The multitude of neighborhoods Queens have to offer are all sporting different personalities and charms that are ideal for every sort of New Yorker.
If you’re a young professional or hip millennial, you can find communities with easy commutes, a dynamic cultural scene, and buzzing nightlife. If you’re a family man, there are also several spacious dwellings near schools, parks, and friendly communities.
What are the safest neighborhoods in Queens?
Despite having a large population of over 2 million people, Queens is considered, for the most part, to be a safe place to live in. Having a crime rate lower than the national average.
These are some standout neighborhoods that you can consider if you want a peaceful and comfortable environment for you and your family to live in.
1. Rego Park
Rego Park, along with the neighboring Forest Hills, is highly regarded as one of the safest residential areas in New York City. It ranks sixth for the lowest per capita crime in the whole city. These two neighborhoods sharing the 112th precinct are widely coveted residential areas for its safe streets and friendly community.
Woodhaven and Richmond Hill in southwestern Queens are great areas to raise a family in NYC. The 102nd precinct in this area records the lowest crime rate in the whole of Queens.
Living in Woodhaven are mainly middle-class families with single-family homes and low-rise apartments. The community is very welcoming. And there are several families here with different ethnicities, primarily South Asians and Latin Americans.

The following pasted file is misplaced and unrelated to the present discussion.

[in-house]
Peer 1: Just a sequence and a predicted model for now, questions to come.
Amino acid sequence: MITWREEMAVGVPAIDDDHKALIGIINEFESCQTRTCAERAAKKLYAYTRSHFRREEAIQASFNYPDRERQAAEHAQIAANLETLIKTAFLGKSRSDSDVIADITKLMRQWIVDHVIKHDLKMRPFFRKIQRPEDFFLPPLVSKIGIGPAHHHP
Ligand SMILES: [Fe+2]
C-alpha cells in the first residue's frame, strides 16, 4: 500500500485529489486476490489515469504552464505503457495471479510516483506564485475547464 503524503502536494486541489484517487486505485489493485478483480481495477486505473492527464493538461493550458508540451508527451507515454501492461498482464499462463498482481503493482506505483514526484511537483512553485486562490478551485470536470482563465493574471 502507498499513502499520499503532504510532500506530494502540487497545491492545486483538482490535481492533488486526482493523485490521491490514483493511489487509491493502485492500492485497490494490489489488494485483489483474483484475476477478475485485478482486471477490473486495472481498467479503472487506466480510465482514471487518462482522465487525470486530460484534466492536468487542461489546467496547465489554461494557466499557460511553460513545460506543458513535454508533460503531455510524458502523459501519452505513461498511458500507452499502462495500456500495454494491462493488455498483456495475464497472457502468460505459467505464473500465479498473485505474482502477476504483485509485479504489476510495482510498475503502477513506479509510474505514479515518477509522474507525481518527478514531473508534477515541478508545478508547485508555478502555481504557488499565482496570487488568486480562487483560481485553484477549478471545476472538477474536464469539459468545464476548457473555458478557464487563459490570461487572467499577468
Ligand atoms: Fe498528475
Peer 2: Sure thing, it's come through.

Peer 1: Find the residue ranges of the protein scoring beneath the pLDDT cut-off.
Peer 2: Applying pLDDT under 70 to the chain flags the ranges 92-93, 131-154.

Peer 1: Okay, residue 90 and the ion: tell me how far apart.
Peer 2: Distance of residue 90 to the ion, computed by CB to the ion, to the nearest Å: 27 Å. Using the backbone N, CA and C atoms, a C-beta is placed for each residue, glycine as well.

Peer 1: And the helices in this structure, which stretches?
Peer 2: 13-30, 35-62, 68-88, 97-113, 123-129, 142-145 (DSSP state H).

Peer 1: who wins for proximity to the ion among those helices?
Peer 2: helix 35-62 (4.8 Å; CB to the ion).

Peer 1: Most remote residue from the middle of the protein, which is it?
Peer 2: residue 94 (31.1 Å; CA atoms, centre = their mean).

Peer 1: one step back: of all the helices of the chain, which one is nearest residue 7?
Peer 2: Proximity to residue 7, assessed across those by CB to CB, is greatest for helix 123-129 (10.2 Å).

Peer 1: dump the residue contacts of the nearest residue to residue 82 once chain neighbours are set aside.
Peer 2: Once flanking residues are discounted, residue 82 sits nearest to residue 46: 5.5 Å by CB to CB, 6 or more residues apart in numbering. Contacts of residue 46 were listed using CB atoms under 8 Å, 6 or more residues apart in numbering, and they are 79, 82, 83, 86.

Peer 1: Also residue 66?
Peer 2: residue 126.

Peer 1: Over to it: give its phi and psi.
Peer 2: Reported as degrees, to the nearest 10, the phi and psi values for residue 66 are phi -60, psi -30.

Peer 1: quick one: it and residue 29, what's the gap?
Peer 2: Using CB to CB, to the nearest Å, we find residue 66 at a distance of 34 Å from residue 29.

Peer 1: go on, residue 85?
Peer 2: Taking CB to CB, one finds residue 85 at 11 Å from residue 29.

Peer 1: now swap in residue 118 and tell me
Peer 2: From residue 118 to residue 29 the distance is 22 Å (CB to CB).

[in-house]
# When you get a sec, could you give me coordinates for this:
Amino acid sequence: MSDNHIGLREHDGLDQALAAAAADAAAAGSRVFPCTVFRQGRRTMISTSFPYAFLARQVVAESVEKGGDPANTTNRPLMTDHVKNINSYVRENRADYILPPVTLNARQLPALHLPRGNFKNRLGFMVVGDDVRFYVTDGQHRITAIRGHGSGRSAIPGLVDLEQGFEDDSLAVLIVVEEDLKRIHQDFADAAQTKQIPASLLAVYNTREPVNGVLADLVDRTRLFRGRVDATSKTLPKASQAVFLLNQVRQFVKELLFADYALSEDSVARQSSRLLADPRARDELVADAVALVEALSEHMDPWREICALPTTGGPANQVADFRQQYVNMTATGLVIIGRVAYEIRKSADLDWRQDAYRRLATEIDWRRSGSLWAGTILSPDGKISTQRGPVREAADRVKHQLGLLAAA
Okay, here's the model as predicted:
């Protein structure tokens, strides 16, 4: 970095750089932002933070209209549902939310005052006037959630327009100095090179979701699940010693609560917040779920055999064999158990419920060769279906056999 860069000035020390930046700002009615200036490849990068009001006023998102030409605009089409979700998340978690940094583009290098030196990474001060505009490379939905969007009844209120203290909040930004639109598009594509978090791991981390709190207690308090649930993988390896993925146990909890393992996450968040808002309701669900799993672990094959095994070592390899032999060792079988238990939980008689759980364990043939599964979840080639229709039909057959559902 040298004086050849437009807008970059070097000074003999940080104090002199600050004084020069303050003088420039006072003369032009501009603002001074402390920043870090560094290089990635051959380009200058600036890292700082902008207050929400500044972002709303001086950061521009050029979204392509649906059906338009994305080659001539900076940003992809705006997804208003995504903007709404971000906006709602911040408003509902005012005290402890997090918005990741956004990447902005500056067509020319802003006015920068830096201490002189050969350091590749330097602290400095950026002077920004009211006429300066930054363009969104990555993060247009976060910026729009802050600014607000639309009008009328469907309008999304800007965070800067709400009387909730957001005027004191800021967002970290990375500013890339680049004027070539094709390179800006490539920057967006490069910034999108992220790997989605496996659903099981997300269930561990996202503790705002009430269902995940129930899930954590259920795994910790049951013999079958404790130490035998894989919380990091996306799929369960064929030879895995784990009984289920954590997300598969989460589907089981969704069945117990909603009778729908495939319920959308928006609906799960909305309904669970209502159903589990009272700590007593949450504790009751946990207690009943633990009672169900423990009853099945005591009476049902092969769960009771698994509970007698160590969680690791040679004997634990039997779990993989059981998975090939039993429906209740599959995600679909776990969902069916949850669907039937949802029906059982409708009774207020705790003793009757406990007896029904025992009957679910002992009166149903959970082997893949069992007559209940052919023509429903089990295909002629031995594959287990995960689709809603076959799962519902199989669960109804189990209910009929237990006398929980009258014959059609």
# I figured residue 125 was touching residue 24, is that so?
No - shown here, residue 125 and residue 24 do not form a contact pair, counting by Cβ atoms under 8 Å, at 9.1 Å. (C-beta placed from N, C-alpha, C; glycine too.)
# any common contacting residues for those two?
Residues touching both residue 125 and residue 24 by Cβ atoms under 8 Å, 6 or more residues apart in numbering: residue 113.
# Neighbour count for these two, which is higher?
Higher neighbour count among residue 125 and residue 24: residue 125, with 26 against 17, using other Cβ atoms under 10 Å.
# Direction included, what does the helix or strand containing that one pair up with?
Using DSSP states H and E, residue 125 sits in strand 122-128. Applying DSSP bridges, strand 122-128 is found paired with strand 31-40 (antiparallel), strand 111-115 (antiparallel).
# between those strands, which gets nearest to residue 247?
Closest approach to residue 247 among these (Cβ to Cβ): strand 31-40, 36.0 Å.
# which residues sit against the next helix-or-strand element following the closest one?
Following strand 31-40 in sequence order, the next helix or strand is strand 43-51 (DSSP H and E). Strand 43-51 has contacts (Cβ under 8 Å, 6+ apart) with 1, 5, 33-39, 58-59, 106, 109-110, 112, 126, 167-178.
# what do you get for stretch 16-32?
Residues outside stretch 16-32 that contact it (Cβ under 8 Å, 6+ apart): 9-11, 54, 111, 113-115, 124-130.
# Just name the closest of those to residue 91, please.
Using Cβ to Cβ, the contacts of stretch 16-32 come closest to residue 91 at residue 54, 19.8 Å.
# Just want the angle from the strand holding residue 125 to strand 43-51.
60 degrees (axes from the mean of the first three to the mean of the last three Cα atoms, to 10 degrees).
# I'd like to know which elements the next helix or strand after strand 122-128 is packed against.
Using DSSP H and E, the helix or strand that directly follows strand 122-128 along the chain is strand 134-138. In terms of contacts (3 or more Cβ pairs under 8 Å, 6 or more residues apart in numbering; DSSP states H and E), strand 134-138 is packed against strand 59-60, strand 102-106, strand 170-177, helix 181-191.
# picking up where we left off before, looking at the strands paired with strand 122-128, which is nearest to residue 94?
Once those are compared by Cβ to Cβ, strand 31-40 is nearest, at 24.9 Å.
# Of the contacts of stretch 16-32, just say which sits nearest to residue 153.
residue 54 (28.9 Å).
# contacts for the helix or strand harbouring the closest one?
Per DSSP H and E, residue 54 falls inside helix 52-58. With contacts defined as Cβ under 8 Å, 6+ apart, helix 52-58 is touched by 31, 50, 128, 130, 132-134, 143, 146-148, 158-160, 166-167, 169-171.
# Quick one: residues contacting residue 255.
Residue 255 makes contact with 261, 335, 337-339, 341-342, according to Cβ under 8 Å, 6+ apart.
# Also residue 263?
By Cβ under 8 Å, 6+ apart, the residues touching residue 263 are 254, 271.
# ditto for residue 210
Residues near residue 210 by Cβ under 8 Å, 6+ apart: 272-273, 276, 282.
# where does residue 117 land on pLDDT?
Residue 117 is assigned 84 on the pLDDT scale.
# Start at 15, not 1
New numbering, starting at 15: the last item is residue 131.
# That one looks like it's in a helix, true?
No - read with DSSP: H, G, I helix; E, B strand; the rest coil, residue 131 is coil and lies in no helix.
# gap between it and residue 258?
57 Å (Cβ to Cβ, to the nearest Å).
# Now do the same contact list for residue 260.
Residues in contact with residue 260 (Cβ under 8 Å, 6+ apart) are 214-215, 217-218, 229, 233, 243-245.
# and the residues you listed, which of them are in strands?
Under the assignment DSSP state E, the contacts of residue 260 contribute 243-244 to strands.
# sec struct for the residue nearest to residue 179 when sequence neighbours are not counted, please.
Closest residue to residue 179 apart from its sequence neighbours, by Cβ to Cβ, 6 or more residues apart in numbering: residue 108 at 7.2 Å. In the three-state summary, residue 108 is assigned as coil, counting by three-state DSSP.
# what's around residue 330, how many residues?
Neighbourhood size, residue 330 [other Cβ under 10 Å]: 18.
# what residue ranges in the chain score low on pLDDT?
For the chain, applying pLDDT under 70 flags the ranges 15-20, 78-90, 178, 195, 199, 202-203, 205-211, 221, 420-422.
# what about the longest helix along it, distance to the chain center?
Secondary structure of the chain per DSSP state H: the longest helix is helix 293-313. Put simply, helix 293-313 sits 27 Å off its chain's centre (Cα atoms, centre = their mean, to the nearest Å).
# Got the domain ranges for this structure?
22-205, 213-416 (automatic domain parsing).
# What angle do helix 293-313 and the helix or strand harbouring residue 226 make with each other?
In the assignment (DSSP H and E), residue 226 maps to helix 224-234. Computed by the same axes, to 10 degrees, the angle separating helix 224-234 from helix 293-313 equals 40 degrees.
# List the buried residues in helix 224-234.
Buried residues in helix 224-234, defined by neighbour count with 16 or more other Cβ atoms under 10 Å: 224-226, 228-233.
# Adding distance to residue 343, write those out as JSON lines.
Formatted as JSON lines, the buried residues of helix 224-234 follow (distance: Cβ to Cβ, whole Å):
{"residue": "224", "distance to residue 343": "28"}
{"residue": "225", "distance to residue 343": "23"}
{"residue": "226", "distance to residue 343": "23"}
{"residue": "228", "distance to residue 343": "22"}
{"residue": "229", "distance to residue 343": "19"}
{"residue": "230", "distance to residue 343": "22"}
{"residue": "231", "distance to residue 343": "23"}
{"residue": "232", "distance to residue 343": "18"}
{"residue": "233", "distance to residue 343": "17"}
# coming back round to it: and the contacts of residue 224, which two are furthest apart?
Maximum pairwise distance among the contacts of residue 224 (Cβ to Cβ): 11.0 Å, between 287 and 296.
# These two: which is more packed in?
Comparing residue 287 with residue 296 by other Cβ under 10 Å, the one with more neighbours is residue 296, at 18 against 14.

3. Bayside, Queens
This neighborhood in northeastern Queens constantly draws families that want to relocate to New York City — without losing the peaceful suburban life. It is also a highly sought-after area. Mainly because of its proximity to the best public schools in Queens. Like the rest of Queens, Bayside is also ethnically diverse and welcoming of various cultures.
Bayside is definitely one of the most family-friendly neighborhoods. In terms of crime rates, it’s found to be the third safest area in Queens.
Neighborhoods at the eastern edges of Queens, like Bellerose, almost do not feel like an area in the city. Removed from the busyness that the more urban types of neighborhood Queens possess, Bellerose boasts one of the safest and most peaceful residential areas in New York City.
If you’re looking for a suburban Queens neighborhood with big space and private backyards, Bellerose is a great option to consider.